Frankly, anyone who makes these claims about the Al-Aqsa Mosque is trying to convert the national conflict into a religious war, incite eternal hatred, and in all likelihood, provoke violence. Thus this claim should rightfully cause re-assessment of Abbas’ willingness to be a genuine peacemaker.

One State that No One Wants

Many supposed advocates for the Palestinian cause demand a “one-state” solution – a “democratic, secular” state in all of “Palestine” for all its residents. This is morally and practically idiotic, denying self-determination rights to both Israelis and Palestinians, while pushing the pipe dream that Israelis and Palestinians will suddenly drop all the animosity of the past 100 years, sing “Kumbaya”, and develop a shared national identity. In fact, many of those who advocate a “one-state solution” do so only because it’s a more politic way to say “Israel must be destroyed” – with some openly saying they expect the resulting state to be purely Palestinian with the Jews largely expelled or fleeing.

Of course, virtually all Israeli Jews oppose the one-state idea – barring tiny fringes on the extreme left and extreme right.

But what about the population whom advocates of one-state claim to be concerned about – the Palestinians. Do Palestinians want a “one-state solution” of the kind their “advocates” demand?

Palestinians were asked in a June poll by the reputable Palestinian Centre for Policy and Survey Research (PSR) whether they agreed that, in the absence of a two-state solution, they supported “the establishment of one state in all Palestinian areas and Israel, one in which Arabs and Jews enjoy equality.” How many jumped at this idea, which so many advocates and activists insist is the only solution for the needs of Palestinians?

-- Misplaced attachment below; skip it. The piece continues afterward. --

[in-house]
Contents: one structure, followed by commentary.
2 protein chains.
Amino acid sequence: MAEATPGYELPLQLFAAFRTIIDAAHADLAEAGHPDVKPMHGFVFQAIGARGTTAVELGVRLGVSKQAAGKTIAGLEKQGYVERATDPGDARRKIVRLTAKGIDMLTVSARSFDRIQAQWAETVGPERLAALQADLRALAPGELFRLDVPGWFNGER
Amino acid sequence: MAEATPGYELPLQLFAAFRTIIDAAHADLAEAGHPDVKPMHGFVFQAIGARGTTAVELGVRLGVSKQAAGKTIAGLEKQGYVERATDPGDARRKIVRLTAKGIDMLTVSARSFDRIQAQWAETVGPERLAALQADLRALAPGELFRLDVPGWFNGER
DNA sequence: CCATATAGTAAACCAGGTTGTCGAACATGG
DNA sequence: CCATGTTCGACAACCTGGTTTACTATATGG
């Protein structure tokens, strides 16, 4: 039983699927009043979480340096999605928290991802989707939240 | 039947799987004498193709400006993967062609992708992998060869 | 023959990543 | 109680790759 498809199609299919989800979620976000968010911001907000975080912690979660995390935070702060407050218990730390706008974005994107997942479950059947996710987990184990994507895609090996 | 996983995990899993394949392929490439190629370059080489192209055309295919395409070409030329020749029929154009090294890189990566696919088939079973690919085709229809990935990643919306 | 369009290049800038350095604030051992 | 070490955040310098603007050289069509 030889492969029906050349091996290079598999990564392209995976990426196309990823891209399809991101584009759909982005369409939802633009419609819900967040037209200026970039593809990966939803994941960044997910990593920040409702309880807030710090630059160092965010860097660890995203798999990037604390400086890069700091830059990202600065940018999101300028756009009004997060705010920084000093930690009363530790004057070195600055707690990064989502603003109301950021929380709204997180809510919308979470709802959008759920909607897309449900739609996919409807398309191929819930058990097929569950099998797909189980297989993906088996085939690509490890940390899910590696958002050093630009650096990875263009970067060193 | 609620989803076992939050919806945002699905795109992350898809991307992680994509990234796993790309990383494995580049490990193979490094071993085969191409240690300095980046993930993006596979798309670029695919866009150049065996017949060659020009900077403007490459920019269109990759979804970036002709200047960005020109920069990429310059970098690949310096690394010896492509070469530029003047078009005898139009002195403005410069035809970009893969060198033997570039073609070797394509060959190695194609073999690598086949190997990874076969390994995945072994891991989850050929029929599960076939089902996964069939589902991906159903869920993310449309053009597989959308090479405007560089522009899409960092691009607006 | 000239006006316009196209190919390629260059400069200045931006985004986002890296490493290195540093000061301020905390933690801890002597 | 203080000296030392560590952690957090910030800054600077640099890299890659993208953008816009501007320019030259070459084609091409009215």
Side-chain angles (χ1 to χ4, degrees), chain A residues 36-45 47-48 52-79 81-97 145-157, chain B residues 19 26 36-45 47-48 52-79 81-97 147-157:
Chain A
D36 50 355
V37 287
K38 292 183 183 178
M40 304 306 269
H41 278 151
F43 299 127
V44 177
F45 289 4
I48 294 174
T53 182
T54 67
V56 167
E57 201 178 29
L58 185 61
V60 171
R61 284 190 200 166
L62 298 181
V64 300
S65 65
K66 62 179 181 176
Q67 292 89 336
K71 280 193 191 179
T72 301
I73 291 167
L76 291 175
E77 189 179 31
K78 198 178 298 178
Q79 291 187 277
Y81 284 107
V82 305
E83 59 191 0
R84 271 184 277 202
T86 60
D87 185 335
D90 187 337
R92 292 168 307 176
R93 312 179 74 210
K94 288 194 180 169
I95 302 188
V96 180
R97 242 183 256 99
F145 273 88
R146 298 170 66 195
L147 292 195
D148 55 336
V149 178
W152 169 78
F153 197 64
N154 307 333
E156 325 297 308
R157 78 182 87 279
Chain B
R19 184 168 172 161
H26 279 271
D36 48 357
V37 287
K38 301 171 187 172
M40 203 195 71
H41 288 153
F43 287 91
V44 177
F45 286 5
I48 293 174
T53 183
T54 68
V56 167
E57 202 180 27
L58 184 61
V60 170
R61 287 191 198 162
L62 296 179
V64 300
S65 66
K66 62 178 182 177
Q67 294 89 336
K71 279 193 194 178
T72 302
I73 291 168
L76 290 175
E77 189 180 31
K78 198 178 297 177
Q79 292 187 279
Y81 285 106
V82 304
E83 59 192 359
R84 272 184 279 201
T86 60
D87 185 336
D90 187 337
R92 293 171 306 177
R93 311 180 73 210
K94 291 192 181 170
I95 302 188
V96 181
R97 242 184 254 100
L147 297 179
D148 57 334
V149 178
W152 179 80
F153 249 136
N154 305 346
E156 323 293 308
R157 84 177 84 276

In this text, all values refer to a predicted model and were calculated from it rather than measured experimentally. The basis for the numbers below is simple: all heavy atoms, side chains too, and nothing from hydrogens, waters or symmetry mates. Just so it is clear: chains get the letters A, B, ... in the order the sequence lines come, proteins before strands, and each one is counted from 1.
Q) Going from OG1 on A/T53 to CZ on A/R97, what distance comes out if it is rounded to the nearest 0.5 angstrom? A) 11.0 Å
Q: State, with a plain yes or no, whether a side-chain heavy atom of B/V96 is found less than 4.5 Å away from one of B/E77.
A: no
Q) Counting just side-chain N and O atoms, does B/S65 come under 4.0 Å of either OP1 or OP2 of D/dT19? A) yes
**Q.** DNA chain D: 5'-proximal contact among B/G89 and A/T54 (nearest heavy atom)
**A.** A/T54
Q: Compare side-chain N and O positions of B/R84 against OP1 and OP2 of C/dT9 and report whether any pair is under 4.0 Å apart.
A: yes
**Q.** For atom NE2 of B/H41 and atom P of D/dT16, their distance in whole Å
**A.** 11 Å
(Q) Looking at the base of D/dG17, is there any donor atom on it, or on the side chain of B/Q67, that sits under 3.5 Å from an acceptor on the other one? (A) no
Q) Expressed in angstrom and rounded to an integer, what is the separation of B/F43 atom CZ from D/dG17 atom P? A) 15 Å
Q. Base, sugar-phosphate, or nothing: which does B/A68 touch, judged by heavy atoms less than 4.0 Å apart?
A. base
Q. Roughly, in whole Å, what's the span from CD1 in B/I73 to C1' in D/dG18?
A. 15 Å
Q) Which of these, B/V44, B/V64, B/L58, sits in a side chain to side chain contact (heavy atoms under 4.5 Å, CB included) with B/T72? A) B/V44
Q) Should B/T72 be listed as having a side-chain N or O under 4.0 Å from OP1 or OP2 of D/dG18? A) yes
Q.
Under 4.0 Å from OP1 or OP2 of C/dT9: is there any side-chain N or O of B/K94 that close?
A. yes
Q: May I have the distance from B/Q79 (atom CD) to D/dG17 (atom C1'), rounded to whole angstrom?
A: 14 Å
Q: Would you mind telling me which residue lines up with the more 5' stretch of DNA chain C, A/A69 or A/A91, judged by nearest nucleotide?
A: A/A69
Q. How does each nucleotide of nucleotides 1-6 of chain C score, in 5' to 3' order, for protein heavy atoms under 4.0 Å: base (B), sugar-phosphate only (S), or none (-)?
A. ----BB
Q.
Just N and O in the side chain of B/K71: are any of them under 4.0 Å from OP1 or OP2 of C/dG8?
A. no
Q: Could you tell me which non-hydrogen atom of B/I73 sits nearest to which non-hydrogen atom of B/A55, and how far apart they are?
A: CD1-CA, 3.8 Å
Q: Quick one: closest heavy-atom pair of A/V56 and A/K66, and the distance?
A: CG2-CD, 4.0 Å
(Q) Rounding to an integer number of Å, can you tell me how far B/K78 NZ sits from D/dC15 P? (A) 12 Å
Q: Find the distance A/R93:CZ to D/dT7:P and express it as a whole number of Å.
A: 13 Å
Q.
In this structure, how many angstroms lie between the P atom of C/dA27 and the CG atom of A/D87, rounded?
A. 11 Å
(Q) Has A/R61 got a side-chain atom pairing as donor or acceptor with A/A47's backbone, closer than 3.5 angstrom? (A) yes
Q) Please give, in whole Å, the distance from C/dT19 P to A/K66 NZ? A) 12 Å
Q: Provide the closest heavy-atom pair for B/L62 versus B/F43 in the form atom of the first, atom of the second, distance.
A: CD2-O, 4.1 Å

Only 3.6% said they “certainly support” this idea, 25.9% said they “support” it and more than 68% opposed or “certainly opposed” it.

In other words, advocates of a “one-state solution” are not only advocating something obviously impractical and in contradiction to the international law principle of national self-determination, but also something that only small numbers on either side of the conflict wants. They want to force the creation of a “democratic” state which less than 15% of the proposed citizens of that “democratic state” want to come into existence. What a great idea – and how democratic!

One more interesting thing about that PSR poll. You may recall, as I have noted before, that lots of NGOs and academics absurdly continue to insist that Gaza is still “occupied” by Israel even though Israel has not a single soldier or settler anywhere in the strip. But what do the residents of Gaza – who should know – say about this question? Less than 35% of Gazans say that Gaza remains “a territory occupied by Israel.” Most Gazans seem to have more sense than some supposed Western experts.